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Mangos and Tombstones

by Susan P Blevins
 

 

As Sarah left her hotel after dinner, dressed in a skimpy summer shift that showed off her lissome form to advantage, the insistent beat of reggae music filled the tropical night air of Barbados, along with the heavy fragrance of night-blooming plants and trees. In her early thirties, she felt the full power of her womanhood, her own sensual nature blending well with the sultry Caribbean night.

She was on her way to meet Bob, a local Barbadian. She’d met him earlier in the day on the beach, his slender but muscular body, deeply tanned, and his long black hair, appealed to her at once. She was blonde and blue-eyed, from northern climes, and when they started talking they experienced an instant chemistry, the attraction of opposites working its magic, electric current coursing between them.  They went swimming with fins and masks after conversing a while, dawdling in the warm waters observing the fish and reef life, accompanied for part of their leisurely passage by a lone shark.  They eventually made their way out of the water onto an empty beach comprised mostly of brush and thorn trees. No people around, and nowhere to lie down, so Sarah tried leaning against the sloping trunk of a thorn tree for support, but that proved impossible, so they were frustrated in their attempts to give vent to their feelings of lust, and have sex right then and there. They laughed about it and agreed to meet after dinner that night. They wended their way back through the dense undergrowth to the sandy cove where they had started out, deeming the water possibly too dangerous to swim back, with that shark on patrol.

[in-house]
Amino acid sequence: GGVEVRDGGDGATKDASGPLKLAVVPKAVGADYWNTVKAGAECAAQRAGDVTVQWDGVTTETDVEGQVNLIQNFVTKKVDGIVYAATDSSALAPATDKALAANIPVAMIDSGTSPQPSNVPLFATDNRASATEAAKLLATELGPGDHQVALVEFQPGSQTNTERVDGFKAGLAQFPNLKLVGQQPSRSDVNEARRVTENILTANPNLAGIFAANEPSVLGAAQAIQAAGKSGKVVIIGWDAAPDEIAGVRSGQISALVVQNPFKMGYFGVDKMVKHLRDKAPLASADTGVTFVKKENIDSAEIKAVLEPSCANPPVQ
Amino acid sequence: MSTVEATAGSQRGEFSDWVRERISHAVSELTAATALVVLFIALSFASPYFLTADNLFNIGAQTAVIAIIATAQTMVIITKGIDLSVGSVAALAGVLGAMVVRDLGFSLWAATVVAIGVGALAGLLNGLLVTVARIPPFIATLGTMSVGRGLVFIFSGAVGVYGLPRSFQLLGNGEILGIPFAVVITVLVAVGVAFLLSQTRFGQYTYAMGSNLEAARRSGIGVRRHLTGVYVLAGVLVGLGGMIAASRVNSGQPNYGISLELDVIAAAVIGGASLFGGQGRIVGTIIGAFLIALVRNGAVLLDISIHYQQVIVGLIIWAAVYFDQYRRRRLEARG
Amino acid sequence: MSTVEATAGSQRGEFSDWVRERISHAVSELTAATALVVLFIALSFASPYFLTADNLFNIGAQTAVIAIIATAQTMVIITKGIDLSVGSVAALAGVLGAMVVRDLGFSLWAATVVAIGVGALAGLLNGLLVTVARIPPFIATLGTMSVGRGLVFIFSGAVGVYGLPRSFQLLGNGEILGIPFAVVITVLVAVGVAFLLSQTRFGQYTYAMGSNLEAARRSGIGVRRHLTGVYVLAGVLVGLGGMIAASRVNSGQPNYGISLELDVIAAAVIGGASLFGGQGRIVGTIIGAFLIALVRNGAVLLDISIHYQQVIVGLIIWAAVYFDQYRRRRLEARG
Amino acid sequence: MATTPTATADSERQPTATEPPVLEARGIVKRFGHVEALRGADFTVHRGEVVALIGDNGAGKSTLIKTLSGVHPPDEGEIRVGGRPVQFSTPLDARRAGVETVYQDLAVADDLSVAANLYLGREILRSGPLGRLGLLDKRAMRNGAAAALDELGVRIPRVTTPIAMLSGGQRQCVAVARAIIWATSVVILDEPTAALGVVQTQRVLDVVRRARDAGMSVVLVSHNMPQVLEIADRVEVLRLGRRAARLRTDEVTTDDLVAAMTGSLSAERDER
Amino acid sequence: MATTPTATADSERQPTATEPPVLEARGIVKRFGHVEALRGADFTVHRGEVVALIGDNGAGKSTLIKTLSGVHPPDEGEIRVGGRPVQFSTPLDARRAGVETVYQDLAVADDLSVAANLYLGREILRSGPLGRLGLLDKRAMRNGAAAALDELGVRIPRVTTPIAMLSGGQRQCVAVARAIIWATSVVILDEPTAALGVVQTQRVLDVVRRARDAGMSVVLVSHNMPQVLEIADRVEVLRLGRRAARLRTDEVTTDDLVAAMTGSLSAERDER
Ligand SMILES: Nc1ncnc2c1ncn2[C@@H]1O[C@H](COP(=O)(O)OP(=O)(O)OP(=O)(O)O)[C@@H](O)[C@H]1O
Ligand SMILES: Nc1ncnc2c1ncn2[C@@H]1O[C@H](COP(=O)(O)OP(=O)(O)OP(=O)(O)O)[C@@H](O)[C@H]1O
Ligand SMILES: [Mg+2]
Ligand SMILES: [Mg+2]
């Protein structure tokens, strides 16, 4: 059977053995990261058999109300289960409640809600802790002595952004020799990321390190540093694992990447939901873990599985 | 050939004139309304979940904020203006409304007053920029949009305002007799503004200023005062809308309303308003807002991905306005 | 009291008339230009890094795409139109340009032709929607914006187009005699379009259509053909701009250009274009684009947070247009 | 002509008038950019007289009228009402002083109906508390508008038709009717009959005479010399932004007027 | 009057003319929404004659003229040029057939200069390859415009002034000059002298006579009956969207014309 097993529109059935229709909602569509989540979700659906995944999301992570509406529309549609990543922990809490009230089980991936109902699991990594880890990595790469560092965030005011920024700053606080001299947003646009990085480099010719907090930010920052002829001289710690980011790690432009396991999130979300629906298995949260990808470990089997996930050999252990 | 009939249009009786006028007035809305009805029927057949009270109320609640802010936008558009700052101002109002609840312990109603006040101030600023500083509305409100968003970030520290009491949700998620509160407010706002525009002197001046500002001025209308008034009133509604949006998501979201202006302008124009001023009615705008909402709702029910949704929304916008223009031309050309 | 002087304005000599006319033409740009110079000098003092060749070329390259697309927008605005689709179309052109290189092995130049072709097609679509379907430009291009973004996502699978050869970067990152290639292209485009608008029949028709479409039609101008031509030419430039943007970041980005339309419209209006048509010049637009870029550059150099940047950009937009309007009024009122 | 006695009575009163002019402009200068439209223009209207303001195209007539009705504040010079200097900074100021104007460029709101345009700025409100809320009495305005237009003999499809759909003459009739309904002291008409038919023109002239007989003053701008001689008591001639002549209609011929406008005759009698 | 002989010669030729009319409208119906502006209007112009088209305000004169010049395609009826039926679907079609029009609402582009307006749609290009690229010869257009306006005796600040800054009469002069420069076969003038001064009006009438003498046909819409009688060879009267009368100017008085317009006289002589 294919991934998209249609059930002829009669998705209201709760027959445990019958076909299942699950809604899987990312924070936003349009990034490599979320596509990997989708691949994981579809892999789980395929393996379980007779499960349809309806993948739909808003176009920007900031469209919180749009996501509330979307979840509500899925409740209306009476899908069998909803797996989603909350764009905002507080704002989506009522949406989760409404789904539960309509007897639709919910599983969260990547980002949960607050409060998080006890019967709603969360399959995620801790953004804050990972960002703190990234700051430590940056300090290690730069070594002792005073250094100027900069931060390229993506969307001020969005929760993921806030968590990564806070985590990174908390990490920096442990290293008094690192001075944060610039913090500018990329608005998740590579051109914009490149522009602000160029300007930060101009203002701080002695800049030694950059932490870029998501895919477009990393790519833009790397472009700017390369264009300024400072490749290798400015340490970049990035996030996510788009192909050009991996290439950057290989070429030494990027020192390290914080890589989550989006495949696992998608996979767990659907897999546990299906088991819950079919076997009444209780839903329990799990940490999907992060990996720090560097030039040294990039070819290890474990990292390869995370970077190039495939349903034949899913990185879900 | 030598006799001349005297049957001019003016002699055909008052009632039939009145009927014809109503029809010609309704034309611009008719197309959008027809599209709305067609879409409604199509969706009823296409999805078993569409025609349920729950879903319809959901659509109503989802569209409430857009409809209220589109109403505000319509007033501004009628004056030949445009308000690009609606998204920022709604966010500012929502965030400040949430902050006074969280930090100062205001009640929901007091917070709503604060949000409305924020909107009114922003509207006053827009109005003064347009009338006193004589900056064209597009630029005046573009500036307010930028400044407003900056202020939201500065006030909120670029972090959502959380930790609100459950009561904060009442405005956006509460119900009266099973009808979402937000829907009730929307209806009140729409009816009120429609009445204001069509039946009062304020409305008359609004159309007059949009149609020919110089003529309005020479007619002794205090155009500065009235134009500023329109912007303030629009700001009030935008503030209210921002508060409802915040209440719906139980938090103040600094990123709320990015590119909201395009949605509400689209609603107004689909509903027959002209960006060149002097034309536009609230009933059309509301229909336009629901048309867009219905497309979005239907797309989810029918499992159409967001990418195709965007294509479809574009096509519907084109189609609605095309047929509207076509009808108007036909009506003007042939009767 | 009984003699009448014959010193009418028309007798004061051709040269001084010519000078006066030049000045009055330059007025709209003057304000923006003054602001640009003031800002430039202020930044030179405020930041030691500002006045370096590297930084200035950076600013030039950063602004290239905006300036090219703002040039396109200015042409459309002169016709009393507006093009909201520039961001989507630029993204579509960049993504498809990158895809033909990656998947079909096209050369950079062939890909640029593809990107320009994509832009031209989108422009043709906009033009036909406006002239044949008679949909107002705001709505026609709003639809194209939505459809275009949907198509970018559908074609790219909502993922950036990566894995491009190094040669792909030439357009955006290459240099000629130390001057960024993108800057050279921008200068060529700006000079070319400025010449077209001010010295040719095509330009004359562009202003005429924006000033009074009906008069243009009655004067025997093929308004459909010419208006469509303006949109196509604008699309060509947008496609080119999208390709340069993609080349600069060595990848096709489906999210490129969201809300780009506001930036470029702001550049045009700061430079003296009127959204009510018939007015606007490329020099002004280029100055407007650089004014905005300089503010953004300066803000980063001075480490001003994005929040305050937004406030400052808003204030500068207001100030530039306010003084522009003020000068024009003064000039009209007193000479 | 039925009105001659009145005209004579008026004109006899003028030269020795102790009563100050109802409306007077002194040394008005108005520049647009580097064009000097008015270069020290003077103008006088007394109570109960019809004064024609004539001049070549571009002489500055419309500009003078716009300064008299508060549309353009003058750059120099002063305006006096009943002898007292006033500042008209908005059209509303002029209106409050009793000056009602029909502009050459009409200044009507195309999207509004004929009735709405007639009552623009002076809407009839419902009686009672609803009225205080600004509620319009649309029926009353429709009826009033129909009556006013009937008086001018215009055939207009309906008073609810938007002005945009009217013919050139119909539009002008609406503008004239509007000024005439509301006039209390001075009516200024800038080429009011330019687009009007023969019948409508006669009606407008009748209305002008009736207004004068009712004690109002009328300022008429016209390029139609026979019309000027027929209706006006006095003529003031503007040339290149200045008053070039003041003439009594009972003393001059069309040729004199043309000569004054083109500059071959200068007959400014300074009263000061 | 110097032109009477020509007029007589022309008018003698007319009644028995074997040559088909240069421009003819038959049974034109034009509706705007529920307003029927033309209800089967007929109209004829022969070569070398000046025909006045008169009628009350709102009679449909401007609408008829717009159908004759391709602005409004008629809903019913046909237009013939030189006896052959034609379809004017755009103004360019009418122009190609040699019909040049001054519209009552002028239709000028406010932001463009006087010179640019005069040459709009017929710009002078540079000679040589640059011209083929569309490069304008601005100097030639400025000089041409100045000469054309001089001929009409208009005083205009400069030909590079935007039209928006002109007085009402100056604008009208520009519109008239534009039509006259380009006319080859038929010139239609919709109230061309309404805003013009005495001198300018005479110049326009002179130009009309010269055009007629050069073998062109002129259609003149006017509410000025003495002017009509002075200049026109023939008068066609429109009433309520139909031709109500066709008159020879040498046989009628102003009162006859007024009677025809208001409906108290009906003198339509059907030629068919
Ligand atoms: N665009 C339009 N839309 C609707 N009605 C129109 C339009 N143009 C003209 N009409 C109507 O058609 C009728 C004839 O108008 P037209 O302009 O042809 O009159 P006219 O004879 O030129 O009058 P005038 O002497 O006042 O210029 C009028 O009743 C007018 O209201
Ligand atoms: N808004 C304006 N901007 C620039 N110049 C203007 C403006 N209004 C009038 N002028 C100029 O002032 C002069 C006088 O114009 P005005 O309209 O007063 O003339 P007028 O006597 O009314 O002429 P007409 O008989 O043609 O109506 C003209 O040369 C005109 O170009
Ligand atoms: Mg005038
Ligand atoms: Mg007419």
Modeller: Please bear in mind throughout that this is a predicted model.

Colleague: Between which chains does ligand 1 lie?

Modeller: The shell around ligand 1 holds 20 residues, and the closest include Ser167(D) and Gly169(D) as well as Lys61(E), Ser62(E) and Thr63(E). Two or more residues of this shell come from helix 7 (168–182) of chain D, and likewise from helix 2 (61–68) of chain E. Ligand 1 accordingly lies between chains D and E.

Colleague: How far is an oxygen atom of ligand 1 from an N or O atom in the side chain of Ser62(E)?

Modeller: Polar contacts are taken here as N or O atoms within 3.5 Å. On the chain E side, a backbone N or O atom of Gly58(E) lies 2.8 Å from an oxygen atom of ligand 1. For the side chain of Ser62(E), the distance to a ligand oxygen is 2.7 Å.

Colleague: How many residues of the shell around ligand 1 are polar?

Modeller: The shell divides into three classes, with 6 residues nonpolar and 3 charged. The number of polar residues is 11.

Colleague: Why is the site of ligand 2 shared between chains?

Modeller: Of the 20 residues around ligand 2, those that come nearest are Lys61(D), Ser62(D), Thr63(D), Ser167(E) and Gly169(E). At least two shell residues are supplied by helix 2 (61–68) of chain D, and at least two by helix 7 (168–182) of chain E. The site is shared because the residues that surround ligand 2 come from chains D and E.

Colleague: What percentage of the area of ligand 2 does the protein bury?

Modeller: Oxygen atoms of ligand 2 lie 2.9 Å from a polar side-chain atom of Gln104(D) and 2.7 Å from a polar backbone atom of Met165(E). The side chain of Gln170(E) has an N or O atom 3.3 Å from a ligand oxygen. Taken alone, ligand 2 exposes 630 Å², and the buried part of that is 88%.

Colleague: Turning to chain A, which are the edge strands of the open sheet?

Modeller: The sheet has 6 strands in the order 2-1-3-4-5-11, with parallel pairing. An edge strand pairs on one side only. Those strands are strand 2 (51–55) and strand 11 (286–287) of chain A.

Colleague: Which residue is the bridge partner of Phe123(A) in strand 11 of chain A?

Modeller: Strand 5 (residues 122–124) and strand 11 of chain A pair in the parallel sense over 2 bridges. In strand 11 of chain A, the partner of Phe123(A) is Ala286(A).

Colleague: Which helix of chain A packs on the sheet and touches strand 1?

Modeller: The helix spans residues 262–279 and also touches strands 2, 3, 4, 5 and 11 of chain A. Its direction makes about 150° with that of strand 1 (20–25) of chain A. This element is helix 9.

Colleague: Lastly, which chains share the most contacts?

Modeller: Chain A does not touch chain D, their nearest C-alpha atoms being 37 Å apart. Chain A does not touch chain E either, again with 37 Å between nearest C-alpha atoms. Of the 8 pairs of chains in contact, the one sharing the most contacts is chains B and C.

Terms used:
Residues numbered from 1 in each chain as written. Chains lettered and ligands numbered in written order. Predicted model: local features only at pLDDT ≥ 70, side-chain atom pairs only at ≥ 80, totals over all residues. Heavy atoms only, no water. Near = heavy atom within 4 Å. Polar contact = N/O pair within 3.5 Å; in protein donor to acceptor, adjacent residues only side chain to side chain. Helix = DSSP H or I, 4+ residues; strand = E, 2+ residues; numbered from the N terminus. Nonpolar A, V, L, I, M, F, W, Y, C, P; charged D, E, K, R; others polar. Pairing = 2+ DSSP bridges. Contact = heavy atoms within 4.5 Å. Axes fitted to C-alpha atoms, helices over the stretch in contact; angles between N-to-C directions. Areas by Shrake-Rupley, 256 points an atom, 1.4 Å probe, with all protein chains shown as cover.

They parted where they had met and agreed to meet after dark in the main city square, where there was going to be a music festival and dancing.

So here she was, walking the sandy paths to their rendezvous in town, inhaling the sweetness in the air and filled with delicious anticipation. Bob soon found her when she emerged from the narrow street onto the plaza, and whisked her into the crowd of undulating dancers, wrapped in their own voluptuous thoughts and bodies. Soon Bob and Sarah felt the same hot tide rising, their bodies craving more than the carnal moves of the dancing.

Holding hands, they wandered off into the dark night, through the palm trees, heading toward the beach. Within earshot of the gently breaking surf, they saw off to the right a large dark area, lit only by the almost full moon. It turned out to be the local cemetery, and at that late hour, on a Saturday night, it was deserted. Giggling, and stopping frequently to exchange hot kisses, they made their way gingerly among the graves until they found just what they were looking for: a large rectangular tomb, waist high, clean and flat like a table. Although the hard stone was not ideal, it was considerably better than the thorn tree of that morning, so in a moment Sarah’s underwear was in her tiny purse, and they were making love to the sound of music on one side of them, and breaking surf on the other.  Overhead a mango tree curved its branches protectively over them, pregnant with ripe sweetness, every so often a fruit plopping wetly down on the ground by the tomb.

Sarah looked at her watch. 1 a.m. Flushed and satisfied, she embraced Bob. “I must get back to my husband now, “ she said, “He’ll be wondering where I am.”


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